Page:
A study published in BJOG: An International Journal of Obstetrics and Gynaecology (BJOG) today examines the risks of vaginal breech delivery on the health of a baby.
Results of this study, which used a sample size of 258,953 women, suggest that the overall perinatal mortality in the planned vaginal delivery and planned caesarean section group for a term breech baby were 253 (0.3%) and 79 (0.05%) respectively.
These results were lower than the perinatal mortality rates associated with a vaginal delivery where the baby was positioned head first in a WHO study which found the risk of fetal and neonatal deaths to be 0.39 and 0.38%, respectively.
Commenting on the study, Professor Alan Cameron, Vice President of Clinical Quality for the Royal College of Obstetricians and Gynaecologists (RCOG) said:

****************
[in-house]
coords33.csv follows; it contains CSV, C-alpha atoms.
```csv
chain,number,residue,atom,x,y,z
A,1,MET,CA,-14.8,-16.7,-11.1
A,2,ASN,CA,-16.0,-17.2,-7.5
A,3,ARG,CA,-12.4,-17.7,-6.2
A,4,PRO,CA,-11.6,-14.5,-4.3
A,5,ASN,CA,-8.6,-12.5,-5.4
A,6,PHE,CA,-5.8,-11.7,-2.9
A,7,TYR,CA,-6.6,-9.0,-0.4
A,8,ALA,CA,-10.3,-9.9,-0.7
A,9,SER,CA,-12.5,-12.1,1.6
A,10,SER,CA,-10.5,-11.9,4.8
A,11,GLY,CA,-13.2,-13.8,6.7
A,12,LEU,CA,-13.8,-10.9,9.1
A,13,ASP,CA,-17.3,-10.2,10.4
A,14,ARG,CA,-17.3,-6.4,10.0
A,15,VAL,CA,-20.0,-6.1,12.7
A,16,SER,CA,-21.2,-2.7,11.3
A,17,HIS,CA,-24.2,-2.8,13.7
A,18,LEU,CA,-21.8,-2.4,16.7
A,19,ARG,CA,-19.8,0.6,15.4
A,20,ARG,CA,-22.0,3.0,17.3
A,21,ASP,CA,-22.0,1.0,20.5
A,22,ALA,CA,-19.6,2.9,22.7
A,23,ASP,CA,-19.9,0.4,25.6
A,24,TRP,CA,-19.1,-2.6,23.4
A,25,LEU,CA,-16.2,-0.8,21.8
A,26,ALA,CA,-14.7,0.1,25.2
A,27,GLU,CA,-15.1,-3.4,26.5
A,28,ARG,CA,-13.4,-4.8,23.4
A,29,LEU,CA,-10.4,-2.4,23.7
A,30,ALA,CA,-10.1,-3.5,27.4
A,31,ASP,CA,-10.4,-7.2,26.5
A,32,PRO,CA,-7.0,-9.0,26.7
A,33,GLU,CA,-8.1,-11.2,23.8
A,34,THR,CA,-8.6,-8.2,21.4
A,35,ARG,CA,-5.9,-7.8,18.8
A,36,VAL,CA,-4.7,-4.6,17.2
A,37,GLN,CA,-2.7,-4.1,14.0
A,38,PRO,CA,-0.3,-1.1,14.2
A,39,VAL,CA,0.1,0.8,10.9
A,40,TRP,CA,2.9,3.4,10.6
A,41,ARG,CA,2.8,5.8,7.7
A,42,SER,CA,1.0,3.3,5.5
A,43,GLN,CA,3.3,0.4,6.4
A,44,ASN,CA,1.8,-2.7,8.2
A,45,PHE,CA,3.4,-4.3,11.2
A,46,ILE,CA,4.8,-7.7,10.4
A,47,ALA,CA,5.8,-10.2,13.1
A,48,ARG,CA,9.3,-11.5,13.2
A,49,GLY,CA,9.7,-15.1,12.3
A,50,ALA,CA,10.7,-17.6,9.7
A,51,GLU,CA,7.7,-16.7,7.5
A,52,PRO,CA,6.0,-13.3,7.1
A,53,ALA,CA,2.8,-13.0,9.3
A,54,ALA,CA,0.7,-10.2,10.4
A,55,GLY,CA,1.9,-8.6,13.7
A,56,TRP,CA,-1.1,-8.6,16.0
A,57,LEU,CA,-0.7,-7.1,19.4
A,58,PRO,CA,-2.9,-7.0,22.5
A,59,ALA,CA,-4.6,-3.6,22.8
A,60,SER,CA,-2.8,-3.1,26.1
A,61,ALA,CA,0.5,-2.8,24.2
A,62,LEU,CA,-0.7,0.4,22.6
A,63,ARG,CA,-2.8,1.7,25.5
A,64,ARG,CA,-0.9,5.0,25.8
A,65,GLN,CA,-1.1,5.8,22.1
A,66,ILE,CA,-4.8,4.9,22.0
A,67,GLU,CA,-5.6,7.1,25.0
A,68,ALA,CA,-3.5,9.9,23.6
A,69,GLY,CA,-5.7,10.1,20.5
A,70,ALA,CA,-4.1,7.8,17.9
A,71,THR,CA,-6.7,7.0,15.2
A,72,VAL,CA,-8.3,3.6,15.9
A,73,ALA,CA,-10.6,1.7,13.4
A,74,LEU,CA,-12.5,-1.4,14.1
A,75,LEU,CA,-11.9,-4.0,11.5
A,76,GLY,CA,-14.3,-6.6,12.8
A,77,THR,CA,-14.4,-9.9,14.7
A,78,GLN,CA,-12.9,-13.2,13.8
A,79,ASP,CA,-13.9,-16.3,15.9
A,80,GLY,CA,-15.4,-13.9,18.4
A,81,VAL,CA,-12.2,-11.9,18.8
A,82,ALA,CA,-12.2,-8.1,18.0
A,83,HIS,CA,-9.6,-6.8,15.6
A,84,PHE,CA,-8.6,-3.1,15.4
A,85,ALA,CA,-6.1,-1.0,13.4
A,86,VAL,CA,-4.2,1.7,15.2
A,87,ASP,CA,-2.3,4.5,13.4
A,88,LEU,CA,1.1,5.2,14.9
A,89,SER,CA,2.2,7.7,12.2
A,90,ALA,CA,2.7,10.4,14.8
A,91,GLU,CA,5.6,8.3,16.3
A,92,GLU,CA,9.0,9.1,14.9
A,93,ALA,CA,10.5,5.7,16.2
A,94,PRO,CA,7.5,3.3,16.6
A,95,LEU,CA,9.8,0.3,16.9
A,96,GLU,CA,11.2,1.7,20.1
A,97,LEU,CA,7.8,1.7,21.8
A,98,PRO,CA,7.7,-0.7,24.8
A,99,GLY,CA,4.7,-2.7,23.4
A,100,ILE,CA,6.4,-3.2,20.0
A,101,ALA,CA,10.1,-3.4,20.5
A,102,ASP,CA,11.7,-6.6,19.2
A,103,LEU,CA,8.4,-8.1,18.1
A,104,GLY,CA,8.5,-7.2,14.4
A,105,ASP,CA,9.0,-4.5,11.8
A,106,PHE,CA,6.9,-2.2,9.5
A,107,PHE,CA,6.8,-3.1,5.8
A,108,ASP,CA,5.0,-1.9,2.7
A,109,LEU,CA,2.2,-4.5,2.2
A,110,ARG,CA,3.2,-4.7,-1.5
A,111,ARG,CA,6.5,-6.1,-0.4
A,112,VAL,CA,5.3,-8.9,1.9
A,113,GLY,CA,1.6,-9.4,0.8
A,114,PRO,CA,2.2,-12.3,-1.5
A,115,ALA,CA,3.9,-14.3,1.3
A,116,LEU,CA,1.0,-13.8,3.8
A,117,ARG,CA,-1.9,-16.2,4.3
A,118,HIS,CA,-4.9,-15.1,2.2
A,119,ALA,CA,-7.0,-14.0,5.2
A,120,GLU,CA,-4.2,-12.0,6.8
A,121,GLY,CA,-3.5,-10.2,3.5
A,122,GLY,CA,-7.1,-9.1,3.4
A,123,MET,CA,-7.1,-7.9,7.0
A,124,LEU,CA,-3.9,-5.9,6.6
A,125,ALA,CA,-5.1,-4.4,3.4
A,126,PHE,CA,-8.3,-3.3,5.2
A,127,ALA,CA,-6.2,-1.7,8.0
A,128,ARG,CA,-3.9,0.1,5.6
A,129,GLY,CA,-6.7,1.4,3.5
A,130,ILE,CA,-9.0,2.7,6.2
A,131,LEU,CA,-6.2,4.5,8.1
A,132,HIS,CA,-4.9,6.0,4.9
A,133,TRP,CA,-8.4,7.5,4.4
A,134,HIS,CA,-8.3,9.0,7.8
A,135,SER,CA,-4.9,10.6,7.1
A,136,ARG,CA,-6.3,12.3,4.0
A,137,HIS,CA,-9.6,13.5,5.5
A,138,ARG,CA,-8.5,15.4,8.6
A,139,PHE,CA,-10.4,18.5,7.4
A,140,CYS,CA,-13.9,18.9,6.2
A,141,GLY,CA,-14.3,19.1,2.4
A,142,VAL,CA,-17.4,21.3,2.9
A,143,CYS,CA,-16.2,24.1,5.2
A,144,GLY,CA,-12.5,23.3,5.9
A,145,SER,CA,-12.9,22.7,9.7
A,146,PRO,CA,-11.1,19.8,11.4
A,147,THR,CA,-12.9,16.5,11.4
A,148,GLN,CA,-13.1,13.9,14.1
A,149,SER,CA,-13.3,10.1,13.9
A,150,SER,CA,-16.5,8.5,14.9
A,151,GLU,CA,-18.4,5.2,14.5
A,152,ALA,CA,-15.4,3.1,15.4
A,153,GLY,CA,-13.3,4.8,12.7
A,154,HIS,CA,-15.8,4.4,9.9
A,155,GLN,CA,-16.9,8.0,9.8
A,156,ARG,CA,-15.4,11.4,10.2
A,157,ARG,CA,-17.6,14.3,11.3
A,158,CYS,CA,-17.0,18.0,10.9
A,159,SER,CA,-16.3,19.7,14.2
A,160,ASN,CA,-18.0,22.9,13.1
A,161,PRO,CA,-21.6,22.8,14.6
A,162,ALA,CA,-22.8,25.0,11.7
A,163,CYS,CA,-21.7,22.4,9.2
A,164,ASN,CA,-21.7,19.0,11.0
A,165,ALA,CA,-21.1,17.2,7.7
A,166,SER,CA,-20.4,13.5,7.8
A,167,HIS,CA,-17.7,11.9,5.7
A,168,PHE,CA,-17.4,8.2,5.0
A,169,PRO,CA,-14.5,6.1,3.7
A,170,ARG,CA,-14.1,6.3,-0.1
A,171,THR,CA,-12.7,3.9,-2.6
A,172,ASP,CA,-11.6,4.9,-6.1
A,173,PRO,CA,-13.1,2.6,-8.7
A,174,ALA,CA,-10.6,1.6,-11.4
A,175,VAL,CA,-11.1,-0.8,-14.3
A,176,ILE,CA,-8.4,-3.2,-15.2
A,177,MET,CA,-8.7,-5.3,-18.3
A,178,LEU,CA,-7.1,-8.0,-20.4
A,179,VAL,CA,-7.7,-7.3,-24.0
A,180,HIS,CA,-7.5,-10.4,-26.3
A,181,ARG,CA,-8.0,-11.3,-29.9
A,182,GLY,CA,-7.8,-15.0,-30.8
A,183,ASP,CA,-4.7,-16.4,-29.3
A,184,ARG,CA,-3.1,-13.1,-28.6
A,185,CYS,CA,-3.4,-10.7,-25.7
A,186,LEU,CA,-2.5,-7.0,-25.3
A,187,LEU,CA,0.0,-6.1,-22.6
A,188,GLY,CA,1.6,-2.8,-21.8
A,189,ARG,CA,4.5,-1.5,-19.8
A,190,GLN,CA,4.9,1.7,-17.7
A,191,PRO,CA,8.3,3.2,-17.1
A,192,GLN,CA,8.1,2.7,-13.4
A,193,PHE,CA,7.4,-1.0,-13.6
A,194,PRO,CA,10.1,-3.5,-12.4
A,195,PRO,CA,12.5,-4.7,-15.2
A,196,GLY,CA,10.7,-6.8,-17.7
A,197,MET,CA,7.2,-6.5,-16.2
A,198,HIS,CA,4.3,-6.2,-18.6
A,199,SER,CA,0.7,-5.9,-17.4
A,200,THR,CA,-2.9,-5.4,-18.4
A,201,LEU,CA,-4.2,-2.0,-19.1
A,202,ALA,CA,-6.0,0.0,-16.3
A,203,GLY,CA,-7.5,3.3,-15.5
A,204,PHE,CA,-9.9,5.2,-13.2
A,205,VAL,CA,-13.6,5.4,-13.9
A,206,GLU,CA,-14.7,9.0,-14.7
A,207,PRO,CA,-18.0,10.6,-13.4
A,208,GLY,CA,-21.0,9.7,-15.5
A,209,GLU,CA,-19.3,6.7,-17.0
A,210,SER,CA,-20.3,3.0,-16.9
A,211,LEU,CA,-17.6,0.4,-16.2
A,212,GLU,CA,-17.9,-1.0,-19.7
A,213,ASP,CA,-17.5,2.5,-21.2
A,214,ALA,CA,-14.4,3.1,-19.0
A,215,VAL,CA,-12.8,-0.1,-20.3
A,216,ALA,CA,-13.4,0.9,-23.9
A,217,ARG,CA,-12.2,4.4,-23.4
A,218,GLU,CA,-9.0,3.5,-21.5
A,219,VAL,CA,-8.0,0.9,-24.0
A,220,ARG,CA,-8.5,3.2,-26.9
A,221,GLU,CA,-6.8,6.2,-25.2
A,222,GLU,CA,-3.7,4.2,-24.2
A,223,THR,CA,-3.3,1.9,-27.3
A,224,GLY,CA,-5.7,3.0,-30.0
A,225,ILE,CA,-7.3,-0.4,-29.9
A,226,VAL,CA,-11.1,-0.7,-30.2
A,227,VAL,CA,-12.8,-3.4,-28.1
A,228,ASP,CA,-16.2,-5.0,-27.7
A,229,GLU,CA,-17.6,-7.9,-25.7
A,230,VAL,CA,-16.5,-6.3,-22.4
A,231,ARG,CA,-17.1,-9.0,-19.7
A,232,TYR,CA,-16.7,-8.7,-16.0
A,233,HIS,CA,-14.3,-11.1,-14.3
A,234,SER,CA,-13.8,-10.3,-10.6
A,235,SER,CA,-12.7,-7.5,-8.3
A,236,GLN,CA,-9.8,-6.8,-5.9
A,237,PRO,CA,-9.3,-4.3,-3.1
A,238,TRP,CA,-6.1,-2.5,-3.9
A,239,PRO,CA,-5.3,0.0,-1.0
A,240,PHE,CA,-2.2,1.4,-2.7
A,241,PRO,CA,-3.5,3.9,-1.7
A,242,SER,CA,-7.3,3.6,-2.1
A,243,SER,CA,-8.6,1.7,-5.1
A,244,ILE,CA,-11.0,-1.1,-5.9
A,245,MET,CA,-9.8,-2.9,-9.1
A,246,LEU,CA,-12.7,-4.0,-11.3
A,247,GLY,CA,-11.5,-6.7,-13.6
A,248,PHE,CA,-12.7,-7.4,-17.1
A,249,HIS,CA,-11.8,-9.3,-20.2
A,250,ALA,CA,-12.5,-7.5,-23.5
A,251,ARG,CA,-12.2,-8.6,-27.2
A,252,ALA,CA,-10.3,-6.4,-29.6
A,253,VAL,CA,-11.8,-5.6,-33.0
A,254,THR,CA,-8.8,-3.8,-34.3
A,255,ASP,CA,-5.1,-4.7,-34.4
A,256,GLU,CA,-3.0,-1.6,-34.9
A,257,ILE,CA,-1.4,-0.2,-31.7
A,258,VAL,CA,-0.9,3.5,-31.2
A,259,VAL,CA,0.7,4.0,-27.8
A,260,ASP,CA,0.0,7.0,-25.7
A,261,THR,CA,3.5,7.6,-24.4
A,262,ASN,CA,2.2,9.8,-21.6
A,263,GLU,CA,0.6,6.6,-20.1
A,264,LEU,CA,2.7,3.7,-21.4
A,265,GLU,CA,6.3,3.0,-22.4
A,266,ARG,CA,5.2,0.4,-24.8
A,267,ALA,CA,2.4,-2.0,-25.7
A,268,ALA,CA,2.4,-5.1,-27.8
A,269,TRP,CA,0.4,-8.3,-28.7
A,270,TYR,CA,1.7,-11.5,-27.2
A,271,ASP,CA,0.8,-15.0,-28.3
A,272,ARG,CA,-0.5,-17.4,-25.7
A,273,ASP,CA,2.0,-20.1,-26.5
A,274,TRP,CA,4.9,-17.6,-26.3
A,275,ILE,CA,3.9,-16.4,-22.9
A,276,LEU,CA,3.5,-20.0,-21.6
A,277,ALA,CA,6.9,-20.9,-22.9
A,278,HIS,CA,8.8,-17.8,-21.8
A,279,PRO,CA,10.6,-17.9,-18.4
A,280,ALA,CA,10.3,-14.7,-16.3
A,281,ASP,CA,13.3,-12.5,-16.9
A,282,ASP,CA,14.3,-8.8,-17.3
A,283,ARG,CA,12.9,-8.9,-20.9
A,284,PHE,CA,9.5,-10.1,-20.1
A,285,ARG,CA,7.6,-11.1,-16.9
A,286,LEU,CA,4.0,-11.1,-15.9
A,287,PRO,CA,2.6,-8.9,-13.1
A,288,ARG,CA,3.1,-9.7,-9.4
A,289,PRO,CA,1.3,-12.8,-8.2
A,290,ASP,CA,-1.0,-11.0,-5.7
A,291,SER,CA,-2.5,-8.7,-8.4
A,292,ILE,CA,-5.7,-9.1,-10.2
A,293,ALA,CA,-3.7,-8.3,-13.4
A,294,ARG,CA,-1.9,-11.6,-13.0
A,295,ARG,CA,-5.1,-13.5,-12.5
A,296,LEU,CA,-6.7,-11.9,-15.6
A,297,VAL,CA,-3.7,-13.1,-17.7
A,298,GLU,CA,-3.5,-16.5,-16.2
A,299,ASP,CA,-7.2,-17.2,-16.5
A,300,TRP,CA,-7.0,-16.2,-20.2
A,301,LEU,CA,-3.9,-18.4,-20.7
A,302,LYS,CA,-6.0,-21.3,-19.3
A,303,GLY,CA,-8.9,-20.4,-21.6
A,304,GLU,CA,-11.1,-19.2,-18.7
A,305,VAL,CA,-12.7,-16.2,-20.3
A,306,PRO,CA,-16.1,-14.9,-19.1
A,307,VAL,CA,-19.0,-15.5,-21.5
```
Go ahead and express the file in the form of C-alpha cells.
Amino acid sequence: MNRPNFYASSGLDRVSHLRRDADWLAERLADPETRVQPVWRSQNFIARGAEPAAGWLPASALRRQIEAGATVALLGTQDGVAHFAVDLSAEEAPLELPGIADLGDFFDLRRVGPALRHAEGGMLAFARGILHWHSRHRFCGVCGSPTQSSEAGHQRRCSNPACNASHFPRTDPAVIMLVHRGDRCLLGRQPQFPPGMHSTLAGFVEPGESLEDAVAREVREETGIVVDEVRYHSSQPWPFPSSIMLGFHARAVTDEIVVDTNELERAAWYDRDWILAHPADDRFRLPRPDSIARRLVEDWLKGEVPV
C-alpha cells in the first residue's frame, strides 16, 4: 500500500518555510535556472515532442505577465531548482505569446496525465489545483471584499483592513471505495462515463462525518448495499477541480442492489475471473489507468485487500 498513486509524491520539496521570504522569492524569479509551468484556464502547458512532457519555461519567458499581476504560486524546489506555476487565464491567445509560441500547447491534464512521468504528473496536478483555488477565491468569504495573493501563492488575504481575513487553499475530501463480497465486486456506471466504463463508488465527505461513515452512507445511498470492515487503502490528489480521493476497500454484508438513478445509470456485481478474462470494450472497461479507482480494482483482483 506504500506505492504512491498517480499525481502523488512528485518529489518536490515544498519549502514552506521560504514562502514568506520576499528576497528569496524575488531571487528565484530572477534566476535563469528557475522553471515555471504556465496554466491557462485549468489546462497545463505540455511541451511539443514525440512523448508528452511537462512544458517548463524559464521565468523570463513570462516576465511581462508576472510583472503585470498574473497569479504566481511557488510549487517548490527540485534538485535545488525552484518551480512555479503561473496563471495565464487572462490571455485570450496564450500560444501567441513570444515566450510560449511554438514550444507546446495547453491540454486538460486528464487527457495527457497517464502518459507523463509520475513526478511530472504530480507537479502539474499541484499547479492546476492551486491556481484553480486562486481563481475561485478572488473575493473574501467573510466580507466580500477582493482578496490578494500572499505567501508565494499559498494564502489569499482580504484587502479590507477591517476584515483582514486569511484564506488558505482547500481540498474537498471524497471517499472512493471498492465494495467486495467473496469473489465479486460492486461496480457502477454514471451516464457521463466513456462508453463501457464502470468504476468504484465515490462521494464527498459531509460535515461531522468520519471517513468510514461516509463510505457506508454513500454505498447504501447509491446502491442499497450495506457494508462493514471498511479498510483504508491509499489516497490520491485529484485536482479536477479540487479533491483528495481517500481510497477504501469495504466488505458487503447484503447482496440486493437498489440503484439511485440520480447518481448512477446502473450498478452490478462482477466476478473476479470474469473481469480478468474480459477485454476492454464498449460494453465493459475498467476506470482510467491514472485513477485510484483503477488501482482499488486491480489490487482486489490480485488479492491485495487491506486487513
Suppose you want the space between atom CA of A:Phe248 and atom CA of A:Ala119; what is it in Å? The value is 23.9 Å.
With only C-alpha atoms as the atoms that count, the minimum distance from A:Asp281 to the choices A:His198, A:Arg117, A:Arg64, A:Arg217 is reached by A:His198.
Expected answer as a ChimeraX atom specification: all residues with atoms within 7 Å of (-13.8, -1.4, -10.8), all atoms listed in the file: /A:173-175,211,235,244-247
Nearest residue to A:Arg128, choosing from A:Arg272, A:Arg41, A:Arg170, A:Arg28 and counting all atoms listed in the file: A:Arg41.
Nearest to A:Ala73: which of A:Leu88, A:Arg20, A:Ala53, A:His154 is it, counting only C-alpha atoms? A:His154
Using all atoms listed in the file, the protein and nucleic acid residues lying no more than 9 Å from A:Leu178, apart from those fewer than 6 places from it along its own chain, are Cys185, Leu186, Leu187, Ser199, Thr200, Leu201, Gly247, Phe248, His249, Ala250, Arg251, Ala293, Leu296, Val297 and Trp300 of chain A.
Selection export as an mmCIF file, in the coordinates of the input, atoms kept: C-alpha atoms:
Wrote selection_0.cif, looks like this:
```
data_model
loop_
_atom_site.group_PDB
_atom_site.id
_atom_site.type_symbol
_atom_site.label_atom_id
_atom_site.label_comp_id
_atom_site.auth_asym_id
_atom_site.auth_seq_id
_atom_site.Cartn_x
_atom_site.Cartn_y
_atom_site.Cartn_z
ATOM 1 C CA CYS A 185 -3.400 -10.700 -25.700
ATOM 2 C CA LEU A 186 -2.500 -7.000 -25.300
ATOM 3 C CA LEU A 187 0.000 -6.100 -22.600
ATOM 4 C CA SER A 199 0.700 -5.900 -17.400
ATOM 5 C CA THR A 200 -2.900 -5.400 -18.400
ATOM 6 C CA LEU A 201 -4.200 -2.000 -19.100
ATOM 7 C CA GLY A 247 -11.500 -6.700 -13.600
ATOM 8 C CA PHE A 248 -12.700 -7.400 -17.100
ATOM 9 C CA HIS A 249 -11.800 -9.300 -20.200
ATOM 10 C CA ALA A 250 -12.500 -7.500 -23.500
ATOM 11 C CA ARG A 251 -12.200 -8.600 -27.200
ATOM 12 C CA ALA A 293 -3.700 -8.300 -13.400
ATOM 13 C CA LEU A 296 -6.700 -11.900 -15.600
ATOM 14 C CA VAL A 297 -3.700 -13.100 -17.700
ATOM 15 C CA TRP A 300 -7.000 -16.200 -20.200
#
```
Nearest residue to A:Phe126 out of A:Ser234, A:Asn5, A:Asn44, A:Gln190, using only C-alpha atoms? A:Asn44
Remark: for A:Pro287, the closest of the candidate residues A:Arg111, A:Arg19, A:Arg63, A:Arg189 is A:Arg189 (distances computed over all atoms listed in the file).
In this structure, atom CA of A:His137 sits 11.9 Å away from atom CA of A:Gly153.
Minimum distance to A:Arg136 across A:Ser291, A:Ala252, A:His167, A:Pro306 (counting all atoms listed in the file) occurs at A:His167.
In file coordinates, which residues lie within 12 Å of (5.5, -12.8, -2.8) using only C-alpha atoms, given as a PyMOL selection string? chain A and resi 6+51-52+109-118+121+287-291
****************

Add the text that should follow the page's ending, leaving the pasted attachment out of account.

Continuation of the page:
“This is a very interesting study which uses all of the existing data on breech delivery to determine the absolute risks of vaginal breech birth to the baby. The results show that the overall risks of babies dying or suffering complications during planned vaginal and planned caesarean deliveries were about 1 in 300 and 1 in 2000.
“The Royal College of Obstetricians and Gynaecologists currently recommends that caesarean delivery is the safest mode of delivery for the baby when in a breech position.
“However, there are benefits and risks associated with both caesarean delivery and vaginal breech birth and women are encouraged to discuss and weigh up the options with their obstetrician so they can choose the best plan for themselves and their baby.”
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Berhan Y, Haileamlak A. The risks of planned vaginal breech delivery versus planned caesarean section for term breech birth: A meta-analysis including observational studies. BJOG 2015: DOI; 10.1111/1471-0528.13524